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March 4, 2021

Windsor Locks working with developer to restore historic train station

Rendering | Department of Transportation A rendering of the planned Windsor Locks train station.

The town of Windsor Locks has struck a deal with a national developer for the restoration of the historic train station on South Main Street, First Selectman J. Christopher Kervick said.

Although Kervick would not name the developer, he said the plan is for the town to lease the property on a long-term basis to the developer with the goal of transforming the building into a welcome center that features town history, a coffee shop, bistro, and a small-batch brewery.

The former train station has been out of service since the late 1970s. It is adjacent to the proposed new train station, which would be a stop on the Hartford Line connecting to Springfield and New Haven.

The town received $128,205 for renovations to the historic train station as part of the state’s Small Town Economic Assistance Program.

Kervick explained that with the grant, the town should be able to finish or get close to finishing work on the exterior doors, windows, and trim. The developer would restore the interior, Kervick said. Estimates from the town’s consulting architect put the price tag for that work at about $500,000.

“As a municipal owner, the town is not eligible for state and federal historic preservation tax credits as tax credits have no value to a tax-exempt entity. They have a great deal of value to a private developer. But we don’t want to sell the station. The answer — a long-term lease is sufficient to qualify the developer for the credits,” Kervick said.

The developer will complete the interior restoration using its own funds and historic tax credits, Kervick said, adding that the developer is interested in several other downtown parcels as well.

“Since historic tax credits are involved, the restoration would have to comply with standards that assure historic treatment. The lease will require the developer to maintain certain municipal facilities such as a welcome counter, historic exhibits about Windsor Locks, the canal and the industries along the canal, free Wi-Fi, and public restrooms,” Kervick said.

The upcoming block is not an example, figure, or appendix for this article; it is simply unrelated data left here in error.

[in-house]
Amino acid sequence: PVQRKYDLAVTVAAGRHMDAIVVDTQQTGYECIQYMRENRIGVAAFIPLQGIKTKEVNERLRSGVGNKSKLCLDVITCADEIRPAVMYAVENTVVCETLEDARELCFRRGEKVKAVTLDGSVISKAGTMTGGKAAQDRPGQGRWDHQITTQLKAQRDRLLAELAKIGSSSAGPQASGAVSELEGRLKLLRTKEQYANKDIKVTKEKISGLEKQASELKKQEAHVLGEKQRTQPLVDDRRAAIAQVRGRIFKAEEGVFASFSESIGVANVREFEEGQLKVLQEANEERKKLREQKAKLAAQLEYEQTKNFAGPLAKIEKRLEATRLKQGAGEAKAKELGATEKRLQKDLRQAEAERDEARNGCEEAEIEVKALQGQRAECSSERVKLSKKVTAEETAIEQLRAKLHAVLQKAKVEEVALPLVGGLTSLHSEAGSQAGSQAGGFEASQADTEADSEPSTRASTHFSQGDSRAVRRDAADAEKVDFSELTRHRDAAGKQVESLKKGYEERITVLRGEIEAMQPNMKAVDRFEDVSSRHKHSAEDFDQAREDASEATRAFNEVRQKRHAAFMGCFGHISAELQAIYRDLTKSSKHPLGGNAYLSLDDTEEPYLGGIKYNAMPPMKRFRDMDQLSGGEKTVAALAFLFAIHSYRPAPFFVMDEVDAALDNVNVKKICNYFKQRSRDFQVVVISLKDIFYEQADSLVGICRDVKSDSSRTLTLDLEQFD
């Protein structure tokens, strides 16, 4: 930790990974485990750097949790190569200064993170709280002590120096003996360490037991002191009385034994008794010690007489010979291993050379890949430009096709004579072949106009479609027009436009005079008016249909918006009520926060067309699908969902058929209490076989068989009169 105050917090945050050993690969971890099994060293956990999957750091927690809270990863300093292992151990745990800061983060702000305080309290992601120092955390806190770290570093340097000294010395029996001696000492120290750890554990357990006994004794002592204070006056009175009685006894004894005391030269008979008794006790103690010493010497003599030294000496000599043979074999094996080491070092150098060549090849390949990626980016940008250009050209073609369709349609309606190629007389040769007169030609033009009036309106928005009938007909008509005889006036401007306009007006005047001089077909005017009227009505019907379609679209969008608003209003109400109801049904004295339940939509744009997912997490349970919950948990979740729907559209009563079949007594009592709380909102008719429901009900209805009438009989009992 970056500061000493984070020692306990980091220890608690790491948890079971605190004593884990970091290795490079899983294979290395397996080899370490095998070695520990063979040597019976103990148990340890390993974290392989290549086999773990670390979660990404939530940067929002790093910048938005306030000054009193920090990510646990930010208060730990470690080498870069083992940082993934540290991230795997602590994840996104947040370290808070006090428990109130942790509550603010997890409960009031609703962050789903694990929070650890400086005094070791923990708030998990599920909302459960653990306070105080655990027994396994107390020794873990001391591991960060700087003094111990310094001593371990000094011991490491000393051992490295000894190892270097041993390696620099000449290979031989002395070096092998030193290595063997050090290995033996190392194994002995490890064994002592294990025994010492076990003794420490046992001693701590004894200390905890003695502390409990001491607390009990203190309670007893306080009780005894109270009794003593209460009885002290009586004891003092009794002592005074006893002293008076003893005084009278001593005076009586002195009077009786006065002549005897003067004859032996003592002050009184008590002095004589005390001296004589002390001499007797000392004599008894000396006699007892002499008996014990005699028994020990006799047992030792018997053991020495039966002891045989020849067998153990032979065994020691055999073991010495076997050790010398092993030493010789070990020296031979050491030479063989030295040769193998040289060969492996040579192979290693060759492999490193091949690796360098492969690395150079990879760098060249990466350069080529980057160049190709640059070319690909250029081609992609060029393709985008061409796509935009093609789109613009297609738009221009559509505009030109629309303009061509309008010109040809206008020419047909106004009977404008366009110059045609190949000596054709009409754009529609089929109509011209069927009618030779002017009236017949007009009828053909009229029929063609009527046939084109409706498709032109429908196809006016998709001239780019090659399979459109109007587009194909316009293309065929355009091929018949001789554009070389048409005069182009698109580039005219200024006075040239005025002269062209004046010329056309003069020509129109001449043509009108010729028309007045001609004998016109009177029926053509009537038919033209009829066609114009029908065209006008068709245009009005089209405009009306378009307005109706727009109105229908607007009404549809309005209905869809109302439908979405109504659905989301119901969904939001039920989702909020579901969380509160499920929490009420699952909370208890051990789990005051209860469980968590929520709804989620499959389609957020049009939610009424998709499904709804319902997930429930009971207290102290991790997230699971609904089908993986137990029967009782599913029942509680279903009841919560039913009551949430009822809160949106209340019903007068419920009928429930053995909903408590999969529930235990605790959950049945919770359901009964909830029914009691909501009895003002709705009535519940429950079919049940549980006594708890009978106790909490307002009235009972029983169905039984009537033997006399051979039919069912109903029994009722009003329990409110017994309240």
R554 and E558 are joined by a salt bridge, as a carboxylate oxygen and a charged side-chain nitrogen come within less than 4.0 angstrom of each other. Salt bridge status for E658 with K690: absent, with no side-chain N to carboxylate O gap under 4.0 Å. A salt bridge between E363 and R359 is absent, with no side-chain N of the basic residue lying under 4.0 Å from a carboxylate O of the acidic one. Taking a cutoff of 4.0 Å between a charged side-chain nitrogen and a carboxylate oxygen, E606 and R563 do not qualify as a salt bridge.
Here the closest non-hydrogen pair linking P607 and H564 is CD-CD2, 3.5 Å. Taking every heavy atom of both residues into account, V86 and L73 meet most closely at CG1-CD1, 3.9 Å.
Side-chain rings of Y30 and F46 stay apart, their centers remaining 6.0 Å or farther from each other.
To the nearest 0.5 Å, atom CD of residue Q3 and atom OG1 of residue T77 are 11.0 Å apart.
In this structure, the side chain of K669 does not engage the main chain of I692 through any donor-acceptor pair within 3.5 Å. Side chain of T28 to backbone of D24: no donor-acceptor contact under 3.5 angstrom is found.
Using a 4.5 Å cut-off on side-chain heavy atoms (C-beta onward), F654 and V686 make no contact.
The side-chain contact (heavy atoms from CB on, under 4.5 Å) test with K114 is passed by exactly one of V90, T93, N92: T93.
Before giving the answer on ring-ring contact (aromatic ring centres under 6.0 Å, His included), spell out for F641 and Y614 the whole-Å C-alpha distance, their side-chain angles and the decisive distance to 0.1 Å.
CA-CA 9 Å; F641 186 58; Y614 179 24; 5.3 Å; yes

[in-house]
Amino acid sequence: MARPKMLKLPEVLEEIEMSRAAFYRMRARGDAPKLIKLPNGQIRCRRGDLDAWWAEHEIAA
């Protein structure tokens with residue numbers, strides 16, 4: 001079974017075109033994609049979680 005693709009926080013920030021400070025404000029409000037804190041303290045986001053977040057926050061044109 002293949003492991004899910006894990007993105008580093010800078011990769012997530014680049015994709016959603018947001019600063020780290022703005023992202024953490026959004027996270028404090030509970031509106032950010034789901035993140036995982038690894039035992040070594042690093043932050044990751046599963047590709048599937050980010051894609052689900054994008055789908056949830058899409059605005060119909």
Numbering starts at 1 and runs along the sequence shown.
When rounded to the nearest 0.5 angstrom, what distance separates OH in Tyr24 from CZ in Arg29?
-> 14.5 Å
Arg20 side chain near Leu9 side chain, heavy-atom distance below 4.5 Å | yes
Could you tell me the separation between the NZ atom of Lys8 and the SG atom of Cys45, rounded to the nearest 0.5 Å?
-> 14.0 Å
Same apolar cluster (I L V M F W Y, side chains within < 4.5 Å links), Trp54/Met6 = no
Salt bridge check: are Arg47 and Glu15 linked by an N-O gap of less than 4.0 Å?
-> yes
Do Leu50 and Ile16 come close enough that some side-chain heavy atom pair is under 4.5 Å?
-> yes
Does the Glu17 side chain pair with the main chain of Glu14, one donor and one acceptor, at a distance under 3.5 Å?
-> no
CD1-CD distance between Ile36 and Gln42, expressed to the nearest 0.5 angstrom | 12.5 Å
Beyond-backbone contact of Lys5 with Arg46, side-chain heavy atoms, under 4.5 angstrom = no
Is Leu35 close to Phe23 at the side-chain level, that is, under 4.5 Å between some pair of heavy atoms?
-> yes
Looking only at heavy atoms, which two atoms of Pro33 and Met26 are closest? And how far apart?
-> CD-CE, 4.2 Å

“In addition to the public facilities, the developer is looking at for-profit uses including a coffee shop/bistro and a craft brewery, or a small batch branch of a brewery. Outdoor tables on both street side and rail side are expected. They also are hoping to offer bicycle rentals for the canal trail,” Kervick said.

Selectman Paul M. Harrington said he is on board with the renovation plans.

“Anytime someone wants to open a business in town, I am all for it,” Harrington said. “We seem to be in the preliminary stages of the project, so we’ll see where it goes.”

The town would receive a base rent to cover its modest costs of ownership and a percentage rent on the gross of the for-profit uses. The lease will contain certain performance expectations and milestones and would be terminable if they are not met, Kervick said.

“Our goal has never been to make a lot of money but to preserve and use this historic link to old Main Street and this arrangement will allow that to happen,” Kervick said.

Kervick said he will identify the developer when the lease is ready for execution.

“The developer is a national-level, well-funded developer with a track record of successfully undertaking projects such as this,” Kervick said.

Built in 1875, the station was full of activity for much of its life. In 1975, Ella Grasso, the state’s first woman governor in her own right, boarded a train at the station bound for Hartford and her historic inauguration.

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